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Photo courtesy of Corey Tenold Photography.
Photo courtesy of Corey Tenold Photography.

Balanced Hustler: Meet Jessica Morse, Blogger + Co-Founder of The Water Room

10 min read

Being an entrepreneur can seem glamorous. We own our schedules, build our companies based on work we love—and sometimes we can even work beachside. But the glamour is second in command to the hustle. 

The hustle is what really defines the ups and downs of the entrepreneurship journey. And to shed some light on the work it takes to build a business, I’m interviewing fellow entrepreneurs who are ready to get real about their journeys. I’ll ask them how they manage to balance the hustle with the passion of what they do, and they’ll share what they had to overcome to get where they are today. It’s all in service of inspiring, supporting and illuminating the path for you, and we’re calling it the #BalancedHustler.

I’ve known Jessica Morse, founder of Bare Beauty, for what feels like forever. She’s been a strong and powerful voice in the online clean beauty community, showing other women that it can be luxurious and glamorous to switch to safer beauty and personal care products. She says she got into the blogging game practically by accident, when she started cleaning out her beauty cabinets in 2012. Now, she’s capitalized on her entrepreneurial spirit by opening The Water Room, a cleaner, safer natural nail salon in Charleston, South Carolina. We chatted with her about making the switch from blogger to business owner, and how she manifested some of her dreams to make them a reality.

Jessica Morse (second from the left) with her business partners in The Water Room.

Fast Facts: Jessica Morse

When did you launch The Water Room?

The Water Room opened in 2019.

In one sentence, tell us why you started The Water Room.

The reason I opened The Water Room is twofold; one, I wanted to expand my love of clean beauty into a business, and two, I saw a void in the market, and knew it was a good business opportunity.

How did you get capital to start?  

My partners and I all contributed financially.

How long or how long do you think it will take for the business to get profitable?  

At first, I was sure we would be in the red for the first year of business (as many businesses are), but I might be proven wrong!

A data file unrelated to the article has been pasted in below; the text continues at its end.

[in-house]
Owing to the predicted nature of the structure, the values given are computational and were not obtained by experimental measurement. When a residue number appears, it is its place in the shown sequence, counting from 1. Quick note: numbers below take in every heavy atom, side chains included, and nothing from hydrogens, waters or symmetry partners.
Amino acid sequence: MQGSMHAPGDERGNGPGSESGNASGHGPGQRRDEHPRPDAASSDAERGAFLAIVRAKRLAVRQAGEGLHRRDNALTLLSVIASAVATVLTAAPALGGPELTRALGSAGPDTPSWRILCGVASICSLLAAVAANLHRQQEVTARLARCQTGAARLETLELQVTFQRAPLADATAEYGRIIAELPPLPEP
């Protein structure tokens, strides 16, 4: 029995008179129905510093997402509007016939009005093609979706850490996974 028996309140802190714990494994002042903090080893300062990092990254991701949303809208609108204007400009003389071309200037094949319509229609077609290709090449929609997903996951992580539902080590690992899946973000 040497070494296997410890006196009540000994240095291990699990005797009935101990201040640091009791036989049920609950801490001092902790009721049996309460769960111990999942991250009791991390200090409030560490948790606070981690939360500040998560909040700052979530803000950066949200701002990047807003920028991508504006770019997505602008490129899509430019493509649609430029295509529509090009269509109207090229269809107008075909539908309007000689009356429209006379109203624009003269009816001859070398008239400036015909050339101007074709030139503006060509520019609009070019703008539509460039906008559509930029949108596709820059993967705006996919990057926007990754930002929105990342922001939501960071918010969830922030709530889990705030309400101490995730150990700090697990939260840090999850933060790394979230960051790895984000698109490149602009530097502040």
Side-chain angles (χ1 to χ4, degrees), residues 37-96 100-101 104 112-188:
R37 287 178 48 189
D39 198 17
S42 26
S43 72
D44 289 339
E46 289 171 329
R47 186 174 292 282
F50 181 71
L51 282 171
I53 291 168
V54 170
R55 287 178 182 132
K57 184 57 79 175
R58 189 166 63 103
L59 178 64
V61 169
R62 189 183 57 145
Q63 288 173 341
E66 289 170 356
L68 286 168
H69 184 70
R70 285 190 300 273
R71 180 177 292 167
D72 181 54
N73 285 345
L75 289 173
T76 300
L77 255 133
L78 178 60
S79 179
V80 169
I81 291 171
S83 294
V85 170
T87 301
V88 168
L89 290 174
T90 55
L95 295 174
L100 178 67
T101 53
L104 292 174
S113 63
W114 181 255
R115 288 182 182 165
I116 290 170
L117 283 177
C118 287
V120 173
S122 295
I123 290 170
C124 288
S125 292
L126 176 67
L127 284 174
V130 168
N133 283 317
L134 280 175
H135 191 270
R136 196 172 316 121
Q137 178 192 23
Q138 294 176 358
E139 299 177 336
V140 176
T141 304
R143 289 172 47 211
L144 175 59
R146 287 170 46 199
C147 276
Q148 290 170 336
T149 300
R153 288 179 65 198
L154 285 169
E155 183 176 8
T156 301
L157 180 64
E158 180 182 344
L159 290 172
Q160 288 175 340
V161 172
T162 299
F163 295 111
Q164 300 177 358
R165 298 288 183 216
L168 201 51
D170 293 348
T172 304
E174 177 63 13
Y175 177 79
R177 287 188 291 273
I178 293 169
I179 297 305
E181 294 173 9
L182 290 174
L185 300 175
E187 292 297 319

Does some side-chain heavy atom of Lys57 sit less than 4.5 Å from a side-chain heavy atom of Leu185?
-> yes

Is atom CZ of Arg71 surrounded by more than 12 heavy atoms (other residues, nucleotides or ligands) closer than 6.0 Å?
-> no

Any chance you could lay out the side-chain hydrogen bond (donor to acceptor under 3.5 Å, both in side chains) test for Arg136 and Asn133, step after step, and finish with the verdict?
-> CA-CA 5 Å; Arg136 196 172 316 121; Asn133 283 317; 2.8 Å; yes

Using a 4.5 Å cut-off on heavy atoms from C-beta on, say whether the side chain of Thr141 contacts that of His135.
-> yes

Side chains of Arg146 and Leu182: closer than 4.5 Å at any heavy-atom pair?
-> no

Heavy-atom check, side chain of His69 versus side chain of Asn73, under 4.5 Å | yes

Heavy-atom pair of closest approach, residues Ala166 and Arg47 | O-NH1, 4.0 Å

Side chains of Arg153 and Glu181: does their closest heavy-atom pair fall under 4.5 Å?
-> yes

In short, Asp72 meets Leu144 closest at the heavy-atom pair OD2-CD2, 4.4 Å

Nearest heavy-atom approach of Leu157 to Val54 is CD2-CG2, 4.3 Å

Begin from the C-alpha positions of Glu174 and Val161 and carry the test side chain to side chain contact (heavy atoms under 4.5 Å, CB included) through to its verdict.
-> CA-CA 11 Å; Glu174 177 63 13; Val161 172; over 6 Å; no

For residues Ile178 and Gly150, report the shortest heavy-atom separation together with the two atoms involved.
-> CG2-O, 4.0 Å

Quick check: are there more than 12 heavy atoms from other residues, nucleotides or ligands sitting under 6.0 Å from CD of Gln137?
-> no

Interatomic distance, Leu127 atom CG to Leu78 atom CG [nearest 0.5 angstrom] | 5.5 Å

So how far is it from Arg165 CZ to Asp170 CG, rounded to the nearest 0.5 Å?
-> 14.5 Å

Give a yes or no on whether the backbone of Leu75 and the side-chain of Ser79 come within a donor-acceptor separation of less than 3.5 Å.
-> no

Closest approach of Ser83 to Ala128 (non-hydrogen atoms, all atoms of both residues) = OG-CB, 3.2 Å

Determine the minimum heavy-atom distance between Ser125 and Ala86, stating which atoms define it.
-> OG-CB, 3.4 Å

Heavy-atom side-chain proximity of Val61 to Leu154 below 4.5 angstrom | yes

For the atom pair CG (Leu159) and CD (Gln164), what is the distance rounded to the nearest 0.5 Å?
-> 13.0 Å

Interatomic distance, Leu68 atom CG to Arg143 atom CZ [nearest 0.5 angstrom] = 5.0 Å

Are you growing your business to sell? Or this is your dream job and you want to be doing this in 10 years?

Honestly, I could see it going both ways! A lot can happen in 10 years, and I don’t want to tie myself to either of those scenarios.

How many hours a week do you work when you started versus now?

Since I would consider myself as just starting now, I would say I work about 50+ hours per week. However, the month leading up to opening and during the first month of business, it was more like 60 hours per week. That was rough, and I don’t know how people do that for years on end.

How many employees do you have?

More than 16.

What two business goals do you have for 2019?

It’s rare for a start-up business to be profitable in its first year, but that is definitely one of my goals—I do think it is possible. It is just as important to me that the business runs like a well-oiled machine by the end of 2019. Every day, there are less hiccups, less questions and more answers. I look forward to the point where we are reacting less and have time to plan ahead and be more proactive and creative.

How Jessica Balances the Hustle

You began your career in clean beauty as a blogger, garnering followers on social media and your website. Why did you choose that as your first entrance into the wellness world?

The blog was not incredibly premeditated. I started writing Bare Beauty as a way to document my findings in my quest for effective green beauty products. I also wanted to share this information to help others who were interested in making the switch, but overwhelmed by all the noise out there. When I began writing Bare Beauty, I always knew it would lead to something more, but I had no idea what that would be. I just trusted myself and the process and kept forging ahead.

How did you transition from blogger to business owner at The Water Room? And why that route?

I have a classic entrepreneurial spirit. I love to create, I love to share, and I love business. I’ve always had a knack for seeing voids in a market and being in tune with what people want. I suppose that is one of the reasons I started Bare Beauty, and it is most definitely the reason I started The Water Room. The transition from the blog to the business was a very natural one. Since the two are related, they feed and help each other, and I am able to slide and back forth between them, which I really enjoy, even though it is very challenging at times!

How did you decide this was the next right move, given that you’re a mom a two young kids as well. Was it risky? Did market research say it would be a slam dunk?

I know this sounds cliche, but I just knew in my gut that opening The Water Room was the right move for me. That is not the same as thinking it would be easy. I knew it would be hard, and trust me, it is. I constantly hear every old woman I’ve ever met in the back of my mind saying “…[your kids are] only young once.” Those old women are right. It’s flying by, and I am missing out on some things, and sometimes, it really saddens me.

However, I like to work, and I enjoy and savor the quality time I do spend with my children; I do not take the time I spend with them for granted. I also hope that they will appreciate the fact that I am working hard at something I believe in, something that contributes to the greater good, and something that is financially profitable. I want to be a good example to both my daughter and my son, and I think opening a business of my own is only helping me achieve that.